Whenever you reach for that cup of coffee in the morning, you pretty much know exactly what’s going into it — coffee, milk, sugar, and maybe some flavored syrups here and there if you order it from Starbucks. But what about a can of Khaos, Rehab, or any of Monster’s 34 other energy drinks (via Delishably)? While both coffee and Monster rely on caffeine to keep you alert, according to Livestrong, Monster takes a lot more than just the one ingredient to “Unleash the Beast.”
In most cases, a long list of ingredients is bad news for your health, but drinking Monster isn’t necessarily the worst option in the world. For one, the main ingredient is actually carbonated water. So while it looks like a can of soda and is high in sugar, it’s way better for you than Mountain Dew. In fact, the brand behind Monster is Hansen’s Natural, a family-owned fruit juice company known for its all-natural fruit-based drinks (via Fortune). Monsters may not be fruit-based, but they do use vitamins and amino acids to naturally boost energy.
Monster energy drinks are loaded with vitamins
Seeing a word like “cyanocobalamin” on the nutrition label might make you second guess your choice of drink, but it’s actually just the scientific name for vitamin B12, and is one of six vitamins that make up Monster’s signature “Energy Blend,” according to Livestrong. In addition to vitamin B12, Monster also contains vitamin C, vitamin B8, vitamin B6, vitamin B2, and vitamin B3. The most significant of these is vitamin B2, which plays a role in energy production, and vitamin B3, which helps turn food into energy.
While you might’ve not known about Monster’s vitamin content, chances are you probably knew about its taurine, as it’s printed right on the front of the can. According to Healthline, taurine is an amino acid that reduces fatigue, and along with the drink’s other amino acid L-carnitine, taurine helps increase physical endurance. But aside from vitamins and minerals, what else comes in these cans?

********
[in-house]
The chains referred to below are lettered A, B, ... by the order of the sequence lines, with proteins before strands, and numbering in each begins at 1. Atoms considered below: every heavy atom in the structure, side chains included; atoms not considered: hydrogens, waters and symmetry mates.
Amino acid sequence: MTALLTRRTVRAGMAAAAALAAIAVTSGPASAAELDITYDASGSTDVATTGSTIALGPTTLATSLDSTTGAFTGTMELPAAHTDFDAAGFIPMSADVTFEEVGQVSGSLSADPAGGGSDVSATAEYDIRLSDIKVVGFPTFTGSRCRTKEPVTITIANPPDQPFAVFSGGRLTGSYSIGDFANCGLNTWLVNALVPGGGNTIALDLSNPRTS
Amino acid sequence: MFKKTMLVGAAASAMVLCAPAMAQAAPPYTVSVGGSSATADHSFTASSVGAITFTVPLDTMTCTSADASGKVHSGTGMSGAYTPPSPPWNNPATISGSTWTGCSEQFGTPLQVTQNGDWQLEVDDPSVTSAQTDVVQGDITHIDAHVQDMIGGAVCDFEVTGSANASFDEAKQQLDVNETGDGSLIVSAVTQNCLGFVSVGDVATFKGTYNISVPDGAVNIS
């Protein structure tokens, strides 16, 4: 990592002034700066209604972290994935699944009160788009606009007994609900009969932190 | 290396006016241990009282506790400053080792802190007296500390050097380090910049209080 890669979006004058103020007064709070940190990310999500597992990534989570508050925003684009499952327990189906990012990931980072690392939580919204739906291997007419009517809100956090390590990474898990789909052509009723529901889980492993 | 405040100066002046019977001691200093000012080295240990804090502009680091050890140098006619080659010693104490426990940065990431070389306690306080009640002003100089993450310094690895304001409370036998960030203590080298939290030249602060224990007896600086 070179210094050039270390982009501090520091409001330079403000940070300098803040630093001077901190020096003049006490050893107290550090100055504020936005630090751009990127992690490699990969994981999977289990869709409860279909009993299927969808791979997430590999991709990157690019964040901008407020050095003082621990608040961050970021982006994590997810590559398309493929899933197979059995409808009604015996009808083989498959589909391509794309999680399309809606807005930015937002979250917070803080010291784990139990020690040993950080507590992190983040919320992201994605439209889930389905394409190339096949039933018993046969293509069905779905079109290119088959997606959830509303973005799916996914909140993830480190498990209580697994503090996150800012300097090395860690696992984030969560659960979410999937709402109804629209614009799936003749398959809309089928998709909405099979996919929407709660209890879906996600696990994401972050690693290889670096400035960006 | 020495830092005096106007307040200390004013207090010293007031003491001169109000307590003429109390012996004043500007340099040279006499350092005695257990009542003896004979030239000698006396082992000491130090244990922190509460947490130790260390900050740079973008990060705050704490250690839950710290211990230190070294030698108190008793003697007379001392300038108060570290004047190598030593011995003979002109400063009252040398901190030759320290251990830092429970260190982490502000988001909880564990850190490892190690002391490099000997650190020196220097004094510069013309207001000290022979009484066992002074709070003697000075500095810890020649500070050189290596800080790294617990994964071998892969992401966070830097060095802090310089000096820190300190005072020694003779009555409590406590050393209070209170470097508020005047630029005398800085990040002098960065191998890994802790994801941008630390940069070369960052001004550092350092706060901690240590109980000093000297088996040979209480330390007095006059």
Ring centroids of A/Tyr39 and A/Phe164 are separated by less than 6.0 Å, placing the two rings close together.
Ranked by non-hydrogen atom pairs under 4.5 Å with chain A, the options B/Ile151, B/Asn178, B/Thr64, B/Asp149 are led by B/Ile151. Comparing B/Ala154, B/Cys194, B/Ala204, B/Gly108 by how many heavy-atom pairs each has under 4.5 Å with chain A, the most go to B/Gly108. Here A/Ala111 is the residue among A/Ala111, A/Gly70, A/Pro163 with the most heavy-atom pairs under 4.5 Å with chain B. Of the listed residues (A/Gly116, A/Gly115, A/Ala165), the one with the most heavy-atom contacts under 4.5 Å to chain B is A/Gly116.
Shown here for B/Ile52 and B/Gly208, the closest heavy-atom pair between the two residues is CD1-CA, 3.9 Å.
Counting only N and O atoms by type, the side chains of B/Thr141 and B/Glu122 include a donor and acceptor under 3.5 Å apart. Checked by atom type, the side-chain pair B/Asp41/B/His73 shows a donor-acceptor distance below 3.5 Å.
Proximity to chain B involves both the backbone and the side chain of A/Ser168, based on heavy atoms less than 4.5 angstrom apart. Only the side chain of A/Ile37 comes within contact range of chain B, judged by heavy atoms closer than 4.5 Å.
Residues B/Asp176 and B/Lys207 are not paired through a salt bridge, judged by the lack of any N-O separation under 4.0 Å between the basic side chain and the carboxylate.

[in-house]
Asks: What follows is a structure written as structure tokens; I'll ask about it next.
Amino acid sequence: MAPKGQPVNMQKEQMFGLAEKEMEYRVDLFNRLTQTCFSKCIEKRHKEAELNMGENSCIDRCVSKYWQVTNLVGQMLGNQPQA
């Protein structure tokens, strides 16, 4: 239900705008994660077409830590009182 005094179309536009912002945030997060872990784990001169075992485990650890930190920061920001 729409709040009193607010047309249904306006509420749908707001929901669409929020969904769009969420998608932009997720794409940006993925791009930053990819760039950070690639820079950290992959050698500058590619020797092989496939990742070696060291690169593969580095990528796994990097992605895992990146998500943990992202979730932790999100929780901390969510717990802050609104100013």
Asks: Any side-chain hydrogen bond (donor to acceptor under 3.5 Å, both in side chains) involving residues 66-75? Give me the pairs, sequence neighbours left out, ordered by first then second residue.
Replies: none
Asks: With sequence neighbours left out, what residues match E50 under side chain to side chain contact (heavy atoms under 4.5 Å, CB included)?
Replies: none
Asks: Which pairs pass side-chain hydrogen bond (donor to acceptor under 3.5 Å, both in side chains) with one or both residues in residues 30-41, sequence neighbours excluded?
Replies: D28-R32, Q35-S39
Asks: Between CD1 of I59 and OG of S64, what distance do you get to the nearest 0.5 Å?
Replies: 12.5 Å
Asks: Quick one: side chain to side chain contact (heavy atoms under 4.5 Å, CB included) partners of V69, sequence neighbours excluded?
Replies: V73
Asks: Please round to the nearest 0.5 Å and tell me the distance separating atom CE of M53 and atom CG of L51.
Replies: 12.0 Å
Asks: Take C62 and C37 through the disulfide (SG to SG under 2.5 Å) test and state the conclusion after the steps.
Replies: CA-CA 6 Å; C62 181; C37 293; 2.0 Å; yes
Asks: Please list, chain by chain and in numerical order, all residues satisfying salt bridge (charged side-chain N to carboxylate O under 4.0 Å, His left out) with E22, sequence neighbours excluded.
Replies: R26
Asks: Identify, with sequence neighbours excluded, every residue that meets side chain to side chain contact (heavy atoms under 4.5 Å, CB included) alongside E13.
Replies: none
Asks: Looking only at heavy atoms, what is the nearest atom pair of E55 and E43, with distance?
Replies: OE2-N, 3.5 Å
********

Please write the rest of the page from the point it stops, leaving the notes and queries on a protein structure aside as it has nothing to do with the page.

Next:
Are Monster energy drinks healthy?
Vitamins and amino acid supplements might be considered healthy on their own, but that doesn’t mean Monster is a healthy drink. Monster is not only packed with vitamins, it’s also packed with a whopping 54 grams of sugar (via Healthline). This amount of sugar makes Monster drinks tasty, but it doesn’t do anything in terms of energy. In fact, there’s a good chance it’ll cause your blood sugar to spike.
The zero-sugar Monster flavors aren’t any better, as they rely on a chemical additive called sucralose instead, which is “600 times sweeter than table sugar,” Livestrong reports. Unfortunately, that impressive number of healthy vitamins in every can of Monster won’t cancel out either the artificial sweetener or the sugar.
Because all of Monster’s energy-boosting ingredients — the vitamins and the amino acids — are already naturally occurring in the foods we eat every day, they function purely as supplements to Monster’s 80 mg of caffeine per serving. Supplements by definition are only supplemental, not essential, so while they’re not exactly bad for you, it’s important to remember that too much of a good thing can sometimes be a bad thing.